Delhi Trade Fair

Delhi Trade Fair

Once a year we brave the Delhi Trade Fair – not so much to buy new stock since we already have some great suppliers, but more for inspiration.. Situated outside Delhi in the industrial area of Noida it makes Olympia feel like a corner shop. A vast shopping mall on 4 floors plus 3 enormous marquees full of great craftsmen from all over India.

Metal and ironworkers from Moradabad displaying all sorts of lamps, ironmongery, and lanterns; glass makers from Firozabad selling fabulous glassware; a whole marquee of furniture makers from Jodphur selling brilliant copies of vintage pieces as well as beautifully designed contemporary items. There are rug makers, fabrics of every hue and weight – gorgeous hand dyed linens, silks and cottons; paper makers, jewelry designers, fashion designers, basket weavers, ceramicists and purveyors of tents. The hard part is not to get too distracted – and suddenly find ourselves launching into a whole new range of Rajasthani tents – it very nearly happened!

We restrict ourselves – or to be more accurate – we can only manage one long day there, at the end of which we are exhausted and exhilarated by the sheer plethora of craftsmanship, ingenuity and beauty on offer. Its then down to the nitty gritty – as we sort through the business cards and brochures and decide on what we will actually pursue.

This year we found a wonderful company, Camelon Exports that makes paper from all sorts of natural products beside the usual cotton – lokta, hemp and banana. It took us some time to locate them amongst all the ubiquitous stalls displaying paper stars but we are very excited to be developing a new range of shades using some of these fabulous papers – watch out in the coming months for them to come to our shop.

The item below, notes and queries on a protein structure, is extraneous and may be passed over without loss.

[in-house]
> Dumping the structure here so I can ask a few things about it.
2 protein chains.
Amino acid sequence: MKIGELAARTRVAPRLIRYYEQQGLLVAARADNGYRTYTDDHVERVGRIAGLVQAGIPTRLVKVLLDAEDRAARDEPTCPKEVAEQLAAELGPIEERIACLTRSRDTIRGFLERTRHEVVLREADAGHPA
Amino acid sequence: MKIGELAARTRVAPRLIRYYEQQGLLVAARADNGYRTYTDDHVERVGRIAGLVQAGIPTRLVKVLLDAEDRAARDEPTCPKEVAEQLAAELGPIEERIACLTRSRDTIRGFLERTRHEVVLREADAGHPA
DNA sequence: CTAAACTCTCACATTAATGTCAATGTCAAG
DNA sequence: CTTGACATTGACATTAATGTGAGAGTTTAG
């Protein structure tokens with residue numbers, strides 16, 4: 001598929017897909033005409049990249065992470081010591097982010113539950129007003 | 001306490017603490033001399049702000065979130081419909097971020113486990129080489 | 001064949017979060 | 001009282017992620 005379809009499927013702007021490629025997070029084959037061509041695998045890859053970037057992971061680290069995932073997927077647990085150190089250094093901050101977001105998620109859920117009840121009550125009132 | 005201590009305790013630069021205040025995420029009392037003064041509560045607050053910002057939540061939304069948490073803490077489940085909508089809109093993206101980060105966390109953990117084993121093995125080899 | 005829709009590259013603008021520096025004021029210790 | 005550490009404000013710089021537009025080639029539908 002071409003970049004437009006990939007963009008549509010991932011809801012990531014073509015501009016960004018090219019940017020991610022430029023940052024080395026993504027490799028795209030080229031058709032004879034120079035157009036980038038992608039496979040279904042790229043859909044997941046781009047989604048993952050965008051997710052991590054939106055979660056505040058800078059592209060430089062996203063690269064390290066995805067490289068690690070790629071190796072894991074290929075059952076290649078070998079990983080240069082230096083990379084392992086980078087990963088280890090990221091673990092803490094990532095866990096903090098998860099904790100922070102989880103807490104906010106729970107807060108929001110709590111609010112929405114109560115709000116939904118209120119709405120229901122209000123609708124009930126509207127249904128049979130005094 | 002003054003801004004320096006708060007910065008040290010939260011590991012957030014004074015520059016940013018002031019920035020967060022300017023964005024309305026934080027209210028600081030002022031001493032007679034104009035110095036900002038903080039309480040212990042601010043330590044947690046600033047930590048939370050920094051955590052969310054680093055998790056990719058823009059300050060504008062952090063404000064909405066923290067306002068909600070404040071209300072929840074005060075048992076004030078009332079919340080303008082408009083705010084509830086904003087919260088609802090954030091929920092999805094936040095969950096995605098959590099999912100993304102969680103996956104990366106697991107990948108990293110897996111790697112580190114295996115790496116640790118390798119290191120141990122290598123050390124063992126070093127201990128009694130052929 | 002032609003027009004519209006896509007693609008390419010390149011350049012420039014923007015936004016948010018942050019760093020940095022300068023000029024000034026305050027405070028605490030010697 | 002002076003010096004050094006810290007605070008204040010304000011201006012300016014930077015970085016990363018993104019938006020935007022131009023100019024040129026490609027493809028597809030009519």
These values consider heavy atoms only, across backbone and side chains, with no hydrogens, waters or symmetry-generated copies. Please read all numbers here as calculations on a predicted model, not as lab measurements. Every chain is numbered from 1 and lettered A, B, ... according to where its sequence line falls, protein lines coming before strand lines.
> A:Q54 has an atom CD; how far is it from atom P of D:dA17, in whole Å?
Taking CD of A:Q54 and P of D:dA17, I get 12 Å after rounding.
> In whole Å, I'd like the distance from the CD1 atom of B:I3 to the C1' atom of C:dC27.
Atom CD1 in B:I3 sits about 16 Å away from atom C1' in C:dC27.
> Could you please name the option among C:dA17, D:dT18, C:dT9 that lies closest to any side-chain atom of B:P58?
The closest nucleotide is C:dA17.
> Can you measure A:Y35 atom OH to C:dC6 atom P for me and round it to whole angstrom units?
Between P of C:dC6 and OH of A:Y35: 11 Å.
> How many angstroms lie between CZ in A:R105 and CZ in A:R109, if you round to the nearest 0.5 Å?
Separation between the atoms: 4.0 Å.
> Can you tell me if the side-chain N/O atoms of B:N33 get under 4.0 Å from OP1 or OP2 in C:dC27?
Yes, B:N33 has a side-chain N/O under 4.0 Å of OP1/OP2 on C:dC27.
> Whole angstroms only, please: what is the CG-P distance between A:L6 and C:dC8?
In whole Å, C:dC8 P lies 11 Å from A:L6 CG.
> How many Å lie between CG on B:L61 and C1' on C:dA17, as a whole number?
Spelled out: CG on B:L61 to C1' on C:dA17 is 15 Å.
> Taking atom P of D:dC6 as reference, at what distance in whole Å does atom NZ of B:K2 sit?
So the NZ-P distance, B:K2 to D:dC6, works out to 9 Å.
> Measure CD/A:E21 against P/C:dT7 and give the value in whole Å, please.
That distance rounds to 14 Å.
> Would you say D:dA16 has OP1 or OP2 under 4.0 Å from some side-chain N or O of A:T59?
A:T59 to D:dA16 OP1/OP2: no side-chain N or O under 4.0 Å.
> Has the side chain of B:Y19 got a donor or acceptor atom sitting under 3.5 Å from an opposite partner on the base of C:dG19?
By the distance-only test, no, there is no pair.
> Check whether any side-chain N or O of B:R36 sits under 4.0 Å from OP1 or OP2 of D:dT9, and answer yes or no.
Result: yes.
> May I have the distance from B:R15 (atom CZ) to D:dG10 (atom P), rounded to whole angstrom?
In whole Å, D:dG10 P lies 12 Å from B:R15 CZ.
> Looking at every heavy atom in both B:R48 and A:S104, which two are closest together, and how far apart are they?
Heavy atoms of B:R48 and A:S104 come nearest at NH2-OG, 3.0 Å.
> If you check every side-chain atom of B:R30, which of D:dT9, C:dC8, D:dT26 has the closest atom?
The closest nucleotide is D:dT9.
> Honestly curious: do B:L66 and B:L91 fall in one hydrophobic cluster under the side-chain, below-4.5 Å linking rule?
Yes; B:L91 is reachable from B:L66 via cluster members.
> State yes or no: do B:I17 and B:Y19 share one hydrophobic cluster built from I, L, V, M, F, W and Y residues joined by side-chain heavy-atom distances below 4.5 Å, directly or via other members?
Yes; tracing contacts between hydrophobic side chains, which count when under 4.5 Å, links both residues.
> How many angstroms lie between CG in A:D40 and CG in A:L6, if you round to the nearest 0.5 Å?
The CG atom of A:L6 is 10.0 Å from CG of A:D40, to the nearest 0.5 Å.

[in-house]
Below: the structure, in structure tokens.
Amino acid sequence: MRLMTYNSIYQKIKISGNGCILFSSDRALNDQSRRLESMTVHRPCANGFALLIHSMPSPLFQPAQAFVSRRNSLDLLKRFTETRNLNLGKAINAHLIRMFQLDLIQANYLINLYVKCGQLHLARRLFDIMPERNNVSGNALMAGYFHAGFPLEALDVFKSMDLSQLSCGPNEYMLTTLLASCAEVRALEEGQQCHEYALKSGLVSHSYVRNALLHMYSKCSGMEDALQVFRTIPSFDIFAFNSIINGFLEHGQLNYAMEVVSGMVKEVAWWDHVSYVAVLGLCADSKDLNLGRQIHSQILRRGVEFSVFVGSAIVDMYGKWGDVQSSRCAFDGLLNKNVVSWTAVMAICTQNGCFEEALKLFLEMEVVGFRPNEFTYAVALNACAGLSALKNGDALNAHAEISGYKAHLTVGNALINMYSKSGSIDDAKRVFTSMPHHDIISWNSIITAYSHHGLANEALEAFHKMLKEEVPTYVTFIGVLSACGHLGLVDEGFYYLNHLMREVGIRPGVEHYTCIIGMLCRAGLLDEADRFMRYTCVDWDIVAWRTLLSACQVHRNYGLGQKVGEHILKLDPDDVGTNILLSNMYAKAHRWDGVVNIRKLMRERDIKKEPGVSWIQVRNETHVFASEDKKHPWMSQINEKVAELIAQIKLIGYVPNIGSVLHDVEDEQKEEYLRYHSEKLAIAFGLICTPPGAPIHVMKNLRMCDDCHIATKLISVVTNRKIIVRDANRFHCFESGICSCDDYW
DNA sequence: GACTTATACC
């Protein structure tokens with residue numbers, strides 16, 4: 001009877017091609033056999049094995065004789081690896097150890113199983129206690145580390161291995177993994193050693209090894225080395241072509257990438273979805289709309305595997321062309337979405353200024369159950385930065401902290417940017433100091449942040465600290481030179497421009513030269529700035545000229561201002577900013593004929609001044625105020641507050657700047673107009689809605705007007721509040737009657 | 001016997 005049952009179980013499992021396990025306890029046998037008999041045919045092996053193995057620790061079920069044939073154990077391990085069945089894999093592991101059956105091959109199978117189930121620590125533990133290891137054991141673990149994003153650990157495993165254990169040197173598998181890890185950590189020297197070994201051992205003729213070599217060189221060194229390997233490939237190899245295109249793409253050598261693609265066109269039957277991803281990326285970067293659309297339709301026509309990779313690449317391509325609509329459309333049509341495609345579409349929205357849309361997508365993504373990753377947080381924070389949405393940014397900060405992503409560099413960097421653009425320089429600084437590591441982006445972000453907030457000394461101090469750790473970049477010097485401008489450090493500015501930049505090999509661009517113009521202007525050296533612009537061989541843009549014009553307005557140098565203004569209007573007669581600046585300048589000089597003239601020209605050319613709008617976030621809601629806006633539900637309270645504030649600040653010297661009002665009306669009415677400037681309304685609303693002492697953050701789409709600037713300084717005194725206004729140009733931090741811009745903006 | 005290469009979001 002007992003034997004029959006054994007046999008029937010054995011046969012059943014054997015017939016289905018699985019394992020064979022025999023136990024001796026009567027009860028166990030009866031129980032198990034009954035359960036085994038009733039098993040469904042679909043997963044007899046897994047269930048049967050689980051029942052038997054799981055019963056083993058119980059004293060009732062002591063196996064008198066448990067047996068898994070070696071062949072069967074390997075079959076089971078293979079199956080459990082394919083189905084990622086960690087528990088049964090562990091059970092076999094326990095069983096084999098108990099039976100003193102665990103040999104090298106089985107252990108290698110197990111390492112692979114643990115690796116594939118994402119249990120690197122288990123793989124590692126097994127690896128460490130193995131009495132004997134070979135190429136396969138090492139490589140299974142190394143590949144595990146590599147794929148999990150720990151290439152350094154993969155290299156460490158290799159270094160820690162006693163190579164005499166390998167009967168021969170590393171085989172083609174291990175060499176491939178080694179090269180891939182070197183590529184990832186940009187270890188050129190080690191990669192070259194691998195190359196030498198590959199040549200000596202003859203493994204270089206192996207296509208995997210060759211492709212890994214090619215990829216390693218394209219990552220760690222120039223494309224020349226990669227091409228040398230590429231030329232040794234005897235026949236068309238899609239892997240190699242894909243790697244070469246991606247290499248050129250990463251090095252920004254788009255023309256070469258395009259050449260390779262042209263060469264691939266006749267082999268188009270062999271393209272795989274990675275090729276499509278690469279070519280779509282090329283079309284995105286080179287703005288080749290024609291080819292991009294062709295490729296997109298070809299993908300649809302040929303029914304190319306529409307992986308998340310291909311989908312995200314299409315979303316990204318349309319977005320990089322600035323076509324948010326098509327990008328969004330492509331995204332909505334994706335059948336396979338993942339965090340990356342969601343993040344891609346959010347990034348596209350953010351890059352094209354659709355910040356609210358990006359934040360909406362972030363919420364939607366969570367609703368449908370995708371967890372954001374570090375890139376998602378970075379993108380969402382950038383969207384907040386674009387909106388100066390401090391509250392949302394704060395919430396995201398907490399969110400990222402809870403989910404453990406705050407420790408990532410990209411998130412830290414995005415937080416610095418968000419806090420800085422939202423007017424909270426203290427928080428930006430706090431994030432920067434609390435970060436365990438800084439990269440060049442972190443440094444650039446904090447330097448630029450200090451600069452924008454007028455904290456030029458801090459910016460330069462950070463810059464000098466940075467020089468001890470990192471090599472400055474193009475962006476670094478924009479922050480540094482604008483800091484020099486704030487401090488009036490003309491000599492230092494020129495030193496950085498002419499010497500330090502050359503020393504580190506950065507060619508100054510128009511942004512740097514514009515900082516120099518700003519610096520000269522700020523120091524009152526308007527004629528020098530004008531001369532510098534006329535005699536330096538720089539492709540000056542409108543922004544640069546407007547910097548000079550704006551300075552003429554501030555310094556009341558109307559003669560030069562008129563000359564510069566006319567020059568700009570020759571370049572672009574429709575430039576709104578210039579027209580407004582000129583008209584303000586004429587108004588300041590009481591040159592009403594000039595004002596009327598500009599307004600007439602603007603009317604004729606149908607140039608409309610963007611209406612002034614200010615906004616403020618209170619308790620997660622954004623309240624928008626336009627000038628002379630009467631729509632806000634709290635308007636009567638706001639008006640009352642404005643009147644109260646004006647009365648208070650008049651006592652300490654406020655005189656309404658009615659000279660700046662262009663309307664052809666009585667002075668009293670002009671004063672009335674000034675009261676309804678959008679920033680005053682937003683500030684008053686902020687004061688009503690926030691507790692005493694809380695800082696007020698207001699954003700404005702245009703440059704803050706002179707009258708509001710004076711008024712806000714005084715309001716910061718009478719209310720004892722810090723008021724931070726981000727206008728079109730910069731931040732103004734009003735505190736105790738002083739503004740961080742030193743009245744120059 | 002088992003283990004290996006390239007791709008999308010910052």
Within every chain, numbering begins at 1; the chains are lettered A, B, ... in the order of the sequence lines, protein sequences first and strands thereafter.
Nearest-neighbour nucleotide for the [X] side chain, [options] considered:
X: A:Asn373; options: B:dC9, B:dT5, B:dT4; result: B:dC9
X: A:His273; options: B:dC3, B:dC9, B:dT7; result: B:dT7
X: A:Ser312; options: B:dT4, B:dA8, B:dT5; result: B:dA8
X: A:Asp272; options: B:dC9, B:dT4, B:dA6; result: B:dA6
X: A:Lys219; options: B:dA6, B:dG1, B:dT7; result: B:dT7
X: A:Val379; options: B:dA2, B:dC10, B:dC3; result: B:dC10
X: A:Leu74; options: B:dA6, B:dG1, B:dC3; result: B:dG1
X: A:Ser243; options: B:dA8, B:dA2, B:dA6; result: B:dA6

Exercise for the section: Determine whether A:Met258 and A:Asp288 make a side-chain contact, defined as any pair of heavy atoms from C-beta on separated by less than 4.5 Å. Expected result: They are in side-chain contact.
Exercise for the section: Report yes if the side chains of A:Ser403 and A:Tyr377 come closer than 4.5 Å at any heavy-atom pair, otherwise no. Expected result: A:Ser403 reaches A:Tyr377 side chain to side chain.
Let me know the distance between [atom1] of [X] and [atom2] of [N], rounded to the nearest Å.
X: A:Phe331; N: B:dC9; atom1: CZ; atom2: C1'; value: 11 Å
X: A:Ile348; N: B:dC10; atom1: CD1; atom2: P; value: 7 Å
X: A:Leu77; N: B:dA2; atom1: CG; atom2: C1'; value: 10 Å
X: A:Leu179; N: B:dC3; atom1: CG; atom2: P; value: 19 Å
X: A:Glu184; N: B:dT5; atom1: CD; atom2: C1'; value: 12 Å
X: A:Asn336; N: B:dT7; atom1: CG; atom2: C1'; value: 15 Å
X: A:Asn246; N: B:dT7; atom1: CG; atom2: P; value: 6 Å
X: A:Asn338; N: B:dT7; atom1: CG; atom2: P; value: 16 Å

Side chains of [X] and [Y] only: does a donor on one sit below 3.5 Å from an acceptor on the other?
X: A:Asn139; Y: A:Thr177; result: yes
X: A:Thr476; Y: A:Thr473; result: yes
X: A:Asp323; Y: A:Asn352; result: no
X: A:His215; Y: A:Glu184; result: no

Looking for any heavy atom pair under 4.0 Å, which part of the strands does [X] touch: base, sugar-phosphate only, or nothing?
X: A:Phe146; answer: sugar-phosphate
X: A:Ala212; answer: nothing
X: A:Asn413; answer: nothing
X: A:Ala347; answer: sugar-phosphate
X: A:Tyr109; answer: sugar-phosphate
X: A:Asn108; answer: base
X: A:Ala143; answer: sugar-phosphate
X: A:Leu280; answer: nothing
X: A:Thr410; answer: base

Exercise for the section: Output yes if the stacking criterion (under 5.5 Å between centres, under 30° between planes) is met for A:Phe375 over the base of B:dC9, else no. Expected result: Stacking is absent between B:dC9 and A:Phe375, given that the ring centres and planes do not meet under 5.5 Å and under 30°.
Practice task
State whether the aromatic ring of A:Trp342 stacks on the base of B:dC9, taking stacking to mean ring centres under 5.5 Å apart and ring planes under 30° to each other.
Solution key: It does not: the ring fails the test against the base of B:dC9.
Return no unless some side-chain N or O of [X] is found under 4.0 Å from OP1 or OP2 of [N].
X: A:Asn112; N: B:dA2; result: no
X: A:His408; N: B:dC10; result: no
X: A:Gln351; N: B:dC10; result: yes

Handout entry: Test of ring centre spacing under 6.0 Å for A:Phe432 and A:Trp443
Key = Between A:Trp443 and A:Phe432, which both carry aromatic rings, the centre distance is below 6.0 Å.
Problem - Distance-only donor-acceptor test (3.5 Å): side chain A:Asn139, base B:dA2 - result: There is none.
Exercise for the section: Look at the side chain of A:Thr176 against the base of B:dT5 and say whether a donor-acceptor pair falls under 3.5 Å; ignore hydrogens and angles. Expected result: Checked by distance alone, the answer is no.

We also found a great little company making hand-stitched Kashmiri crewel work cushions in gorgeous colours – we just loved the way they had taken this ancient art and were producing really contemporary designs. We didn’t quite believe they were all hand-stitched until we met Jameel’s mother at his shop the next day where she gave us a demonstration. It wasn’t on our list to do but we couldn’t resist.

And just as we were about to leave we came across a whole section of fabric makers from Assam. Really exquisite silks, ikat and shibori. We learnt all about Eri or ‘Peace silk’ where the moths are not destroyed in the cocoon but are allowed to emerge and the pierced cocoons are spun rather than reeled to produce the eri silk yarn. Assam is definitely a destination for our next visit to India.

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